Pre-approvals are soooooooooooooooo necessary.  Hopefully you have spoken with a lender before you even started looking for homes.  If not, shame on you because you may have just cheated yourself.  I am going to have another post dedicated just to pre-approvals so you'll want to make sure that you watch for that to see why they are so necessary.
                   Closing costs.  This is a subject that I always have a lengthy discussion with my buyers about.  Your lender should be able to give you a pretty good idea about what this number will be.  It is a negotiable amount that can usually be asked of the seller to pay to help the buyer out.  The amount differs depending on the type of loan that you get.  BUT, don't ask the buyer to pay closing costs after you have just insulted them with a really low offer.  This is not the way to get your offer picked!

I know that this isn't a complete list of everything that you should and shouldn't do, but hopefully it has given you a good idea of why this is now a seller's market and what you can do to get that home of your dreams purchased!

Friday, January 2, 2015

Welcome to the New Year!

It's a New Year and this is YOUR year!  This is the year that you are going to keep every single resolution and that you are finally going to buy that new house, right?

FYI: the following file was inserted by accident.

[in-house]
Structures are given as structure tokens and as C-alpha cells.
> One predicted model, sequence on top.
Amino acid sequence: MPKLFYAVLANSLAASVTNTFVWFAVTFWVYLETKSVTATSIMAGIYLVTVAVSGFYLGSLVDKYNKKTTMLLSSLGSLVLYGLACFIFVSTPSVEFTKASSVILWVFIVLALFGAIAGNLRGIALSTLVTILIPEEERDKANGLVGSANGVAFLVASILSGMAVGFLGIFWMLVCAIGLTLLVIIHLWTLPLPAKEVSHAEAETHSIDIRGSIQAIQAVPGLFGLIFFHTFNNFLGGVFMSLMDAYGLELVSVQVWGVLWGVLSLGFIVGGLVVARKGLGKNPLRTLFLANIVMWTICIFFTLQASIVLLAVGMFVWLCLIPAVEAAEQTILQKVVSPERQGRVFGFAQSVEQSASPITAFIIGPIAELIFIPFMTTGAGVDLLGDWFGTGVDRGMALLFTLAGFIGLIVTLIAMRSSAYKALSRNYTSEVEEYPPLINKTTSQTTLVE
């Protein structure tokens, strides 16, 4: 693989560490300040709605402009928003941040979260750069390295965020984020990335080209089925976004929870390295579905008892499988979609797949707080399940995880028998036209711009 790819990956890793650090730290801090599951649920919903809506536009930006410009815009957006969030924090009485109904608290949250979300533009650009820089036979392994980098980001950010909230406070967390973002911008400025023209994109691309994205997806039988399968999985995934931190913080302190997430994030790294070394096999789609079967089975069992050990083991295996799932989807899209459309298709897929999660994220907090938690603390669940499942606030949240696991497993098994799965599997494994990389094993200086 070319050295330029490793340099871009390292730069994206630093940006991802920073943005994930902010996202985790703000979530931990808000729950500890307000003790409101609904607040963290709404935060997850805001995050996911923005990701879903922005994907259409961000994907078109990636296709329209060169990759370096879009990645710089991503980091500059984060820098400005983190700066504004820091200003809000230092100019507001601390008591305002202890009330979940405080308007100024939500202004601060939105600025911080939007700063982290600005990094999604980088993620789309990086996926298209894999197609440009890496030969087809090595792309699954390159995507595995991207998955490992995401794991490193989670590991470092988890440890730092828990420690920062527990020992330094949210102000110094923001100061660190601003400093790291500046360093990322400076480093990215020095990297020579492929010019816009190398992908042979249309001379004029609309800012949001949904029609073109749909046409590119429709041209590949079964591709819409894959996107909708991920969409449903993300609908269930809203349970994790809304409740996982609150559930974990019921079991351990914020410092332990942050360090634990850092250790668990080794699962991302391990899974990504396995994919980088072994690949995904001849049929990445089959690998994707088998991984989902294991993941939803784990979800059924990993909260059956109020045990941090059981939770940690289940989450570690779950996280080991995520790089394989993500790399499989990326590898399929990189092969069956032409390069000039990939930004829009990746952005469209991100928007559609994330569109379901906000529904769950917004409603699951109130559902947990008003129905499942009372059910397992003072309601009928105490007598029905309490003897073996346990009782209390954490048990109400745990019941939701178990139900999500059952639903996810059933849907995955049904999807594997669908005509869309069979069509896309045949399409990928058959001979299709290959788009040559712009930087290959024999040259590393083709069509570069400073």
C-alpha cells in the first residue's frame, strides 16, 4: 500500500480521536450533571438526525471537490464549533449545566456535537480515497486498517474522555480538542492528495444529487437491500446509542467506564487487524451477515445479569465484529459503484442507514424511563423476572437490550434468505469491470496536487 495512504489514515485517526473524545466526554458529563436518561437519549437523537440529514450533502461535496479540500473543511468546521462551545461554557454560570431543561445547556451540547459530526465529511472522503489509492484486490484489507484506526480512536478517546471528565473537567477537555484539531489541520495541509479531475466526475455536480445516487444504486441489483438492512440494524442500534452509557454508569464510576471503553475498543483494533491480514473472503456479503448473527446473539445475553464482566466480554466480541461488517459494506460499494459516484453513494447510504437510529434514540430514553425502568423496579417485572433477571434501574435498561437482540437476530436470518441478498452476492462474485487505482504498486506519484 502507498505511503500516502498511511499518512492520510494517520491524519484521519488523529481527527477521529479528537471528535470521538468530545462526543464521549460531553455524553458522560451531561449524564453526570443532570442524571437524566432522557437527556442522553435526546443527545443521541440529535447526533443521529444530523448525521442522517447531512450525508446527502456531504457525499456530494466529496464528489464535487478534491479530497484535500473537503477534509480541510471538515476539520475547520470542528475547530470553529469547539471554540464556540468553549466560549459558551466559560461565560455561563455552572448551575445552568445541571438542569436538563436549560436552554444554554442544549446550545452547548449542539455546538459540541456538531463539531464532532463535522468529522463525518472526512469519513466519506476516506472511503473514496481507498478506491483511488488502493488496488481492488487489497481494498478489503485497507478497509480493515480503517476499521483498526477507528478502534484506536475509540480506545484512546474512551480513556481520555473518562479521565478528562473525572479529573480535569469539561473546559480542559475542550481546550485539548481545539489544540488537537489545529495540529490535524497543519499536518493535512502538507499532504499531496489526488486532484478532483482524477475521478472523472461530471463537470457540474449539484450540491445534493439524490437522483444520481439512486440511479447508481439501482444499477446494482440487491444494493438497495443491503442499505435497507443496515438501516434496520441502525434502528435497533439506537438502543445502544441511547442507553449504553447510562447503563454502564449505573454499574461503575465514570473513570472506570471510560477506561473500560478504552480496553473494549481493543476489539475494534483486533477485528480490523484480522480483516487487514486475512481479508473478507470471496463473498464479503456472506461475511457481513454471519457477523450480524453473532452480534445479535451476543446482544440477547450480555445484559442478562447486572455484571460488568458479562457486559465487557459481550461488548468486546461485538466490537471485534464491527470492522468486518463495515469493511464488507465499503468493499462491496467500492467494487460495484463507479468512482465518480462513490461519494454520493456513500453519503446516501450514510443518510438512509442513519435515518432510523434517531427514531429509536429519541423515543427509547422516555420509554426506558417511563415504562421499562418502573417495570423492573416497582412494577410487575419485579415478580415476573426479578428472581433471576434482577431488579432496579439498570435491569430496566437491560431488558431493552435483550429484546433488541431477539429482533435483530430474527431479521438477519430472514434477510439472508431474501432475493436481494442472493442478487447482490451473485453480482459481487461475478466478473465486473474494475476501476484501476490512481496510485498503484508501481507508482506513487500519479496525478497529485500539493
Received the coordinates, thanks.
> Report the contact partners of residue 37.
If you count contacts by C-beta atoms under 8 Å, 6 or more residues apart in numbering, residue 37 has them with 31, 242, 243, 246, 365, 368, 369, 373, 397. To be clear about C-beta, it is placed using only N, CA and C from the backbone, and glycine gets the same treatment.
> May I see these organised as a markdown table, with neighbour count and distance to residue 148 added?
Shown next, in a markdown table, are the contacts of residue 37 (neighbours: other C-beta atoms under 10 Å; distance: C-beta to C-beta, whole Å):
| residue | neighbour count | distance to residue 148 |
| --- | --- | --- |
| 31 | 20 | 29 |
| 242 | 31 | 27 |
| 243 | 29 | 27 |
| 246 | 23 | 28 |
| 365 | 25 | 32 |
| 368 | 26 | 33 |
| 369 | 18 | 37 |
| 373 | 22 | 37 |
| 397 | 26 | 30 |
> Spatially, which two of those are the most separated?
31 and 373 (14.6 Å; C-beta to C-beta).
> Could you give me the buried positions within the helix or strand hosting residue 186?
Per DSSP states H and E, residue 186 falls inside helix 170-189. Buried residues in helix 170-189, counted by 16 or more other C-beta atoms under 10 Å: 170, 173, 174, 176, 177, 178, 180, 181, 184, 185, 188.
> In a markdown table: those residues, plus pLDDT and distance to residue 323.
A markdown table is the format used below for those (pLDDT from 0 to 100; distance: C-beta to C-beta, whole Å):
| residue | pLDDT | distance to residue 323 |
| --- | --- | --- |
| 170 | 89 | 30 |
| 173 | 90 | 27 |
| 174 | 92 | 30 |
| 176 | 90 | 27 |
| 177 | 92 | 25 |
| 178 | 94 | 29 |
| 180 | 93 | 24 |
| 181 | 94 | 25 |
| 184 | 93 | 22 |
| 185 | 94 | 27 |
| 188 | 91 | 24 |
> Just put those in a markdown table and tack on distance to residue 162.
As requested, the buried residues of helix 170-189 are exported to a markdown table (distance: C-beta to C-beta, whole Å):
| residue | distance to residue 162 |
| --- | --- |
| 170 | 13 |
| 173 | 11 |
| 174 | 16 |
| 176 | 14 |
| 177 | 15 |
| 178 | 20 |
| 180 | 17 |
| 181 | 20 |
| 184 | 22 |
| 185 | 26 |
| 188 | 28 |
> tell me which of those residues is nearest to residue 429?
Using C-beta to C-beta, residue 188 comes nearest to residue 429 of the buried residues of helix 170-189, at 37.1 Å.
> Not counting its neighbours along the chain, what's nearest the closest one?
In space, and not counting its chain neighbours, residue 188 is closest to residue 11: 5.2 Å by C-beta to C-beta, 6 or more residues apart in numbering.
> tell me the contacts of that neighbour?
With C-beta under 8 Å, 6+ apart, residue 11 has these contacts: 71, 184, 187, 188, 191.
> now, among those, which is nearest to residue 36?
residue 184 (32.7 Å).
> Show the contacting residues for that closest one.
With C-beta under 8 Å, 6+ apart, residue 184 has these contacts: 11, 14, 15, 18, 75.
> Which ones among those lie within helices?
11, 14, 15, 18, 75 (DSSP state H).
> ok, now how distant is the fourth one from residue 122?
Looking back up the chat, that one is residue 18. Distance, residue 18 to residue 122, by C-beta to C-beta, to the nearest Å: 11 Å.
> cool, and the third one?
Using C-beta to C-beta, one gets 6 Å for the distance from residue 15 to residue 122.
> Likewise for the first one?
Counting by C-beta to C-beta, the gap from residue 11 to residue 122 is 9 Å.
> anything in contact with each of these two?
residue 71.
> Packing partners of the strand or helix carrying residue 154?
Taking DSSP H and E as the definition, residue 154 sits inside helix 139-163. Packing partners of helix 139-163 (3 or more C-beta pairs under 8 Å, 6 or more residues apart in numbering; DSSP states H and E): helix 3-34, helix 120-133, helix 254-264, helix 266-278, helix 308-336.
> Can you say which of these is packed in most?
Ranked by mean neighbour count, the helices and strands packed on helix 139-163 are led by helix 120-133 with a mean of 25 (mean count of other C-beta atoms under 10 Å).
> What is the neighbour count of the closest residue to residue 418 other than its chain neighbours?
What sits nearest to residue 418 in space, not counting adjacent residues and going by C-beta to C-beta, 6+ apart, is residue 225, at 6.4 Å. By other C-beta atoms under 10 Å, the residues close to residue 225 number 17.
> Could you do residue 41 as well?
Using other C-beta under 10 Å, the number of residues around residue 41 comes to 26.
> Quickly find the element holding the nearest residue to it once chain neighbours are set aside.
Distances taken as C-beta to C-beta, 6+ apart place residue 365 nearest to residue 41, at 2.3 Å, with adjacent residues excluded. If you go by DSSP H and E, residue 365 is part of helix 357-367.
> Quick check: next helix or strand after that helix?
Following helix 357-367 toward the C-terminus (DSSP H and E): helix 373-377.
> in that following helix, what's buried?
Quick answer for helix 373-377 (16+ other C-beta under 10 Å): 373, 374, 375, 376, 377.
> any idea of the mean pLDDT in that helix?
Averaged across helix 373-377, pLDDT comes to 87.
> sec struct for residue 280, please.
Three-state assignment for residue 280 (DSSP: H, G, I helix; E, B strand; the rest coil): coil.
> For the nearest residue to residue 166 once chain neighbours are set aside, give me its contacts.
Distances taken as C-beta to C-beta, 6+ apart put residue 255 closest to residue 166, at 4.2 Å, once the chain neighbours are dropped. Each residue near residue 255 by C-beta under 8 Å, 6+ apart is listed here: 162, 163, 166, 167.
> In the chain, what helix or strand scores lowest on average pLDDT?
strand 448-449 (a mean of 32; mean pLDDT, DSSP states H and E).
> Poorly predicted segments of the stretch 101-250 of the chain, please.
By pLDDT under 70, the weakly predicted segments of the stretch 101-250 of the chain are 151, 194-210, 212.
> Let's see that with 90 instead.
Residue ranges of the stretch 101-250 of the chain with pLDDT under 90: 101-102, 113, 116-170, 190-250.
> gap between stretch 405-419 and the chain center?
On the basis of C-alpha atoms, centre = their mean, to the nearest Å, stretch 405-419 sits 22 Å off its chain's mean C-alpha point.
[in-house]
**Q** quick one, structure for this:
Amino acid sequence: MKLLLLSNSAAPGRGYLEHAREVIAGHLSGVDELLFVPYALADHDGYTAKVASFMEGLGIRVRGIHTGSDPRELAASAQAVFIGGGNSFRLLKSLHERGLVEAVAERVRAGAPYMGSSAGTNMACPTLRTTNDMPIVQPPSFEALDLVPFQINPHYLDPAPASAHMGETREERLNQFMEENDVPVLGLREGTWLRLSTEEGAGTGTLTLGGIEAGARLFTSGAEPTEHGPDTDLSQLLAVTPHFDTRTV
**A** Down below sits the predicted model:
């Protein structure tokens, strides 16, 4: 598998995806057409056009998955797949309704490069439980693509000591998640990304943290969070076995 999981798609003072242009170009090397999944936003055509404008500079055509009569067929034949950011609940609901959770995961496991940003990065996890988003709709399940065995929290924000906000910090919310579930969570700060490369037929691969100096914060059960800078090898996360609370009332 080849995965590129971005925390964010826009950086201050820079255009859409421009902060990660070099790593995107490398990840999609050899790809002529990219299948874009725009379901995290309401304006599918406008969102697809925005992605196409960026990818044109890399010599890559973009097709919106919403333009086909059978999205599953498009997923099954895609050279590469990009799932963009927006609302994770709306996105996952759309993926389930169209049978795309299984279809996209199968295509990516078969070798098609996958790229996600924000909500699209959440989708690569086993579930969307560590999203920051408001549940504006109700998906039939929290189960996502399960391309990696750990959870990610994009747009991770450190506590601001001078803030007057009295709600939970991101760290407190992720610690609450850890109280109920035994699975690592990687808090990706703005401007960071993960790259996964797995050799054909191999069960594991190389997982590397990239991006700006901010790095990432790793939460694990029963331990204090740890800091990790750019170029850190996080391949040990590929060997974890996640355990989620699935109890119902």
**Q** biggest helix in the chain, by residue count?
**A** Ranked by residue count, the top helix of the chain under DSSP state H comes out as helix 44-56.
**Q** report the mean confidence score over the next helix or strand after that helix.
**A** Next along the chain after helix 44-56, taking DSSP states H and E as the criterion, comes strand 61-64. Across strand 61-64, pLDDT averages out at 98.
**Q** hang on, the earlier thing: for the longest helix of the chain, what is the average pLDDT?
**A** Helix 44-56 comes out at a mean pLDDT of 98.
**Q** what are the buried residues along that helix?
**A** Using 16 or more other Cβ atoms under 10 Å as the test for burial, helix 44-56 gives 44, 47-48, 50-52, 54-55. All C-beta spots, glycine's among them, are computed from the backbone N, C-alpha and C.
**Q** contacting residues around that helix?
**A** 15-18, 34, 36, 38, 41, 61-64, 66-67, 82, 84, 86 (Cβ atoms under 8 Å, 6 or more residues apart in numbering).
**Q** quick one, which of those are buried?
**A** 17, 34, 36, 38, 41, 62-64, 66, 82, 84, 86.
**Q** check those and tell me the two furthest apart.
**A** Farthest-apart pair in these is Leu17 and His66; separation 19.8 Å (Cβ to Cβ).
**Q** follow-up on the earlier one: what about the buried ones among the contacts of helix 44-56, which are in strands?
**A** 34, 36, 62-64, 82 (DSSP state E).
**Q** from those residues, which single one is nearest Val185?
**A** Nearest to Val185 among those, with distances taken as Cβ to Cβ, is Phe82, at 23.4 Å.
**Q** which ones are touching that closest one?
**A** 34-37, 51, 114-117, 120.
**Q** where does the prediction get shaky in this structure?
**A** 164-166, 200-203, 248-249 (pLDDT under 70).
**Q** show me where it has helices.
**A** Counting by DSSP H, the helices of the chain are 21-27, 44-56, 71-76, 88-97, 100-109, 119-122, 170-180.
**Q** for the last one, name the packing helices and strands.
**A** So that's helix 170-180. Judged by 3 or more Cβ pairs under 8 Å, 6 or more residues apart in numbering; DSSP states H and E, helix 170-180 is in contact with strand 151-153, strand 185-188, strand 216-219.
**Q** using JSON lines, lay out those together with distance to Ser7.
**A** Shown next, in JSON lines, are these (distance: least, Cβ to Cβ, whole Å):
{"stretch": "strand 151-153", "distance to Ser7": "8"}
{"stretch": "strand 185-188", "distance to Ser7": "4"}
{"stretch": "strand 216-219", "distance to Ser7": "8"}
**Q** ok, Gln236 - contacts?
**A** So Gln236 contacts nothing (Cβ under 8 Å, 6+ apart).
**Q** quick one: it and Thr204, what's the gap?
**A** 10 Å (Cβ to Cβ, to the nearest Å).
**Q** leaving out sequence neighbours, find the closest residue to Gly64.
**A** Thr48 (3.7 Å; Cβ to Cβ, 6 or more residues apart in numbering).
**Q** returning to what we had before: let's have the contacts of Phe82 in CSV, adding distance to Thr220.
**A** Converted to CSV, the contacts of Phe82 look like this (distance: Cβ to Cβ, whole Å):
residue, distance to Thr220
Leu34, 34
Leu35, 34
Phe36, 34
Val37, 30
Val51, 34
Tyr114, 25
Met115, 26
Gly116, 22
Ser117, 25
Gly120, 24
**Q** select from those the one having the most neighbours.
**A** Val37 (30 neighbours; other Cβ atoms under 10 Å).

Awesome.  Let me be the first to help you out with that :0)  This really is going to be the year to buy.  More sellers are finally realizing that they are able to get the most out of their homes.  You're not going to be seeing a lot of rent with the option to buy and rental pricing is going to be increasing too.  Why keep making someone else's mortgage payment and getting nothing for it?

In 2014, I worked with 2 buyers that started out thinking that they were not able to buy a home.  They thought that their credit wasn't good enough and that there wasn't going to be any homes in the price range that they were going to be looking in.  Thankfully they were smart enough to call me and have the discussion about it.  I work with a variety of different lenders which allowed me to find the perfect match for them.  And guess what, they now both own homes!

Don't discount it.  Let's get this year started off and get you into a new home.  You never know until you ask, right?  Call me and ask!